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Capital Markets

Germany, France or the Netherlands should win the euro championships, an economist take

ABN Amro answers the most pressing question facing global markets: who will win the euro championships, while the ECB notes its impact on stock market trading.


It''s the UEFA Euro championships 2012 and thus the season for lazy - but satisfying - jibes about whether sporting prowess is correlated with economic strength. Cue gags about Greece and Spain and their respective euro prospects. In a similar vein, the football-obsessed ABN Amro research team, in a wholly unironic research piece, have fleshed out various contagion and, conversely, confidence-boosting scenarios in the event a eurozone member emerges as the victor.


Firstly, economists at the state-owned eurozone bank brandish their public service credentials by pleading that a eurozone member should prevail at the tournament. From an economic perspective, of course:



"From an economic perspective, our starting point is the eurocrisis. In our view it would be very good for the world economy,for Europe and for the Netherlands as an open, export oriented economy if the eurozone survives the current crisis and remains intact as much as possible. The euro crisis is largely a crisis of confidence. Each time financial markets worry about the sustainability of the eurozone countries’ debt levels, it fuels doubts about the sustainability of the monetary union in its current form. Therefore, from a confidence point of view, we believe it would be best if one of the eurozone countries won Euro 2012. A victory for one of the opt-out countries (Denmark, England, Sweden) would not be welcome, because it would only encourage the eurosceptics. The question that immediately arises is whether one of the peripheral eurozone countries or one of the core countries should win."


It seems that senior emerging markets economist - and avowed football fan - Arjen van Dijkhuizen is more concerned about the spread of contagion than buoying the periphery:



"It is true that the probability of a Greek exit has recently increased again, along with the attendant risks. And perhaps a Euro 2012 victory for one of the peripheral countries would give their self-confidence a boost. But in our view it is imperative that the contagion does not spread to the core countries, because the eurozone is not sufficiently prepared to deal with that scenario

...

Therefore, from an economic perspective we believe it would be best if Germany, France or the Netherlands won Euro 2012, on the assumption that a victory for one of these countries would strengthen the conviction that the eurozone core is sufficiently robust and that the monetary union can survive. Of the core countries, France is closest to the “firing line” of the periphery. It has already lost its AAA status at S&P, and the markets are keeping a close eye on the direction it will take under its new socialist president François Hollande.."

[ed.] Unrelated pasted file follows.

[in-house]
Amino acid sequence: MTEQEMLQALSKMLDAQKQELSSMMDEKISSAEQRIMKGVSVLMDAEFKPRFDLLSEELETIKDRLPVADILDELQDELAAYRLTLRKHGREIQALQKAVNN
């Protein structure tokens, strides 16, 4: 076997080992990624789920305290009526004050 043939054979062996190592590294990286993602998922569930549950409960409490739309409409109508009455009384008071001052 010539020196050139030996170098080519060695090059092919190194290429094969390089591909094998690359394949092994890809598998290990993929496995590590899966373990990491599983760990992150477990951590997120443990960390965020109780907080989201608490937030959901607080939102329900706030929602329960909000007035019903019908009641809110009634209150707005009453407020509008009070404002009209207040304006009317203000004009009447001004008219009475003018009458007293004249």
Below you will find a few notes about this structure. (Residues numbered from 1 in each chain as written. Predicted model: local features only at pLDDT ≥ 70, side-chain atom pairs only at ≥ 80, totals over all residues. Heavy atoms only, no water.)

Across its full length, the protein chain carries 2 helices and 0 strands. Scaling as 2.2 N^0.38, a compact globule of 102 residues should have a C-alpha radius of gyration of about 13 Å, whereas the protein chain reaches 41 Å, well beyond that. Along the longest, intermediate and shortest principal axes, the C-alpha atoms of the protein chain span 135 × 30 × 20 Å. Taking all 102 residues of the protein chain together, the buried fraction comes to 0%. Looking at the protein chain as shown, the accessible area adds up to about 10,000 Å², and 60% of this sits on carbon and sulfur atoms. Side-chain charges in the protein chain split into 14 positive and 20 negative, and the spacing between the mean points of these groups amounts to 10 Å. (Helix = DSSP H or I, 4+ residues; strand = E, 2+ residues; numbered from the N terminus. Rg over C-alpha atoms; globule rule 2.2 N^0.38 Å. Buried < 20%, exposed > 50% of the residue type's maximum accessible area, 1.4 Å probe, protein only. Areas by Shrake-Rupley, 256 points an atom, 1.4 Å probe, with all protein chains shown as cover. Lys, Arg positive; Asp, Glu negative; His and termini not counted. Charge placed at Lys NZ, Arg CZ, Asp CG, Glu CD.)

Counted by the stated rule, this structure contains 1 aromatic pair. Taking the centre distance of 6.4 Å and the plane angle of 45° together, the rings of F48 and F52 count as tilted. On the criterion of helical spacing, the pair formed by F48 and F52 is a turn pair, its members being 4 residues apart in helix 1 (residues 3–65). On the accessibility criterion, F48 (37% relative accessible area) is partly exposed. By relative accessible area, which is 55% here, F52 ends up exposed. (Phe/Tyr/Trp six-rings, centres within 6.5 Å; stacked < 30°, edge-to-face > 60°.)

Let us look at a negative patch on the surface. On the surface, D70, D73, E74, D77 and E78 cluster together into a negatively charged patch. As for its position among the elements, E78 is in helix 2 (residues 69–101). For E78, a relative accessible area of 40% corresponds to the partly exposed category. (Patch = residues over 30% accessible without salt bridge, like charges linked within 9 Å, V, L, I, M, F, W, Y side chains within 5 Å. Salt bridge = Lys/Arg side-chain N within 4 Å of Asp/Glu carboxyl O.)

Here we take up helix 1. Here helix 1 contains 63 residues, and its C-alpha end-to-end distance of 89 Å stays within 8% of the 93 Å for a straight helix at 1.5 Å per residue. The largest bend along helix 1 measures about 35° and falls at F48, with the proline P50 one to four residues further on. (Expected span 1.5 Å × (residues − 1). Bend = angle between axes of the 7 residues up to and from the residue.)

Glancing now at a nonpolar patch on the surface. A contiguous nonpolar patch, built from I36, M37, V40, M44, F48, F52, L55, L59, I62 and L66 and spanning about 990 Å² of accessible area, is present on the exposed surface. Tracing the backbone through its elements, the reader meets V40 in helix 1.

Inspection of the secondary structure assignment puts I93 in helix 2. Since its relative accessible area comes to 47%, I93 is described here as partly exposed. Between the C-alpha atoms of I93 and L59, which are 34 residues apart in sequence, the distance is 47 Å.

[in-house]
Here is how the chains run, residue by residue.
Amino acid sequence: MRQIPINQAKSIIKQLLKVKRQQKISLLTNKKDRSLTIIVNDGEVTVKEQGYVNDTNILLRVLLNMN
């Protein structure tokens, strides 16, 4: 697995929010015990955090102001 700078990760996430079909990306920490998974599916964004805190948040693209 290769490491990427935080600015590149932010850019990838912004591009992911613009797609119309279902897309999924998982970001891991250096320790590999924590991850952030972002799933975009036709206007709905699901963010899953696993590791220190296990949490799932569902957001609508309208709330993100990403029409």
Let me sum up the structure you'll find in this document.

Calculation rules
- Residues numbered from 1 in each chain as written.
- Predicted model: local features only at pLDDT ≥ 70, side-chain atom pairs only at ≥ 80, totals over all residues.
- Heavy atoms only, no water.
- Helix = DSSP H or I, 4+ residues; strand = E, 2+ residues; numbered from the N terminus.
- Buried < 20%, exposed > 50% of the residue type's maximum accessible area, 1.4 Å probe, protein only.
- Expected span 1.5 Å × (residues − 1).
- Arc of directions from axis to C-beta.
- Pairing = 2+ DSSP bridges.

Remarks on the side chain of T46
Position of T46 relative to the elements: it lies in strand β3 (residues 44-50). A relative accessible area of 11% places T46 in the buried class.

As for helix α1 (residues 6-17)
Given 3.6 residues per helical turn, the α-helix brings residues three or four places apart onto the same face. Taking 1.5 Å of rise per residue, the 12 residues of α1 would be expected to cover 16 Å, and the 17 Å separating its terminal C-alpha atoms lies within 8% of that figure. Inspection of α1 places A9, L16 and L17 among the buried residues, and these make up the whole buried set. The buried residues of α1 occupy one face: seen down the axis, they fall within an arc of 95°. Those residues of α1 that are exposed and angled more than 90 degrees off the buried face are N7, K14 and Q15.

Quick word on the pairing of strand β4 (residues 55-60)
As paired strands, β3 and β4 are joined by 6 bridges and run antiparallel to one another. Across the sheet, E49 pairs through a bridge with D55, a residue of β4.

So, the French should win from an economic perspective - a sentiment perhaps not shared by any England fans waiting tentatively for kickoff today -  but what say the math?



"''''Never change a winning team'''' is a favourite saying in the football world. Two years ago we accurately predicted that Spain would win the World Cup. So it would seem prudent to use the same prediction method this time. But we will not do so, not least because the previous prediction method was geared to a World Cup and not a European Championship. We are therefore basing our prediction on the above-mentioned all-time European Championship rankings and the latest FIFA rankings. But we also include our own ‘form ranking’, which is derived from the FIFA rankings and based on the scores since 2011. The table below shows the relevant figures and the outcome is clear enough. Germany and Spain have the best credentials, followed at some distance by the Netherlands. And bearing in mind the form trend (the Spanish team is older and seems to be nearing a saturation point; the German team is younger, this generation has not yet won a tournament and die Mannschaft is playing relatively close to home), we pick Germany to win Euro 2012."

And if anyone thinks that the bank''s economists have better things to do than predict football results, they should take a look at  a recent - and eminently informative - ECB research paper examining the links between the 2010 World Cup and stock trading:



At the 2010 FIFA World Cup in South Africa, many soccer matches were played during stock market trading hours, providing us with a natural experiment to analyze fluctuations in investor attention. Using minute‐by‐minute trading data for fifteen international stock exchanges, we present three key findings. First, when the national team was playing, the number of trades dropped by 45%, while volumes were 55% lower. Second, market activity was influenced by match events. For instance, a goal caused an additional drop in trading activity by 5%. The magnitude of this reduction resembles what is observed during lunchtime, and as such might not be indicative for shifts in attention. However, our third finding is that the comovement between national and global stock market returns decreased by over 20% during World Cup matches, whereas no comparable decoupling can be found during lunchtime. We conclude that stock markets were following developments on the soccer pitch rather than in the trading pit, leading to a changed price formation process.

And, in the unlikely scenario of a non-eurozone football team emerging victorious, we wonder if any subsequent psychological damage, which ABN Amro describes, will have an impact on FX trading..

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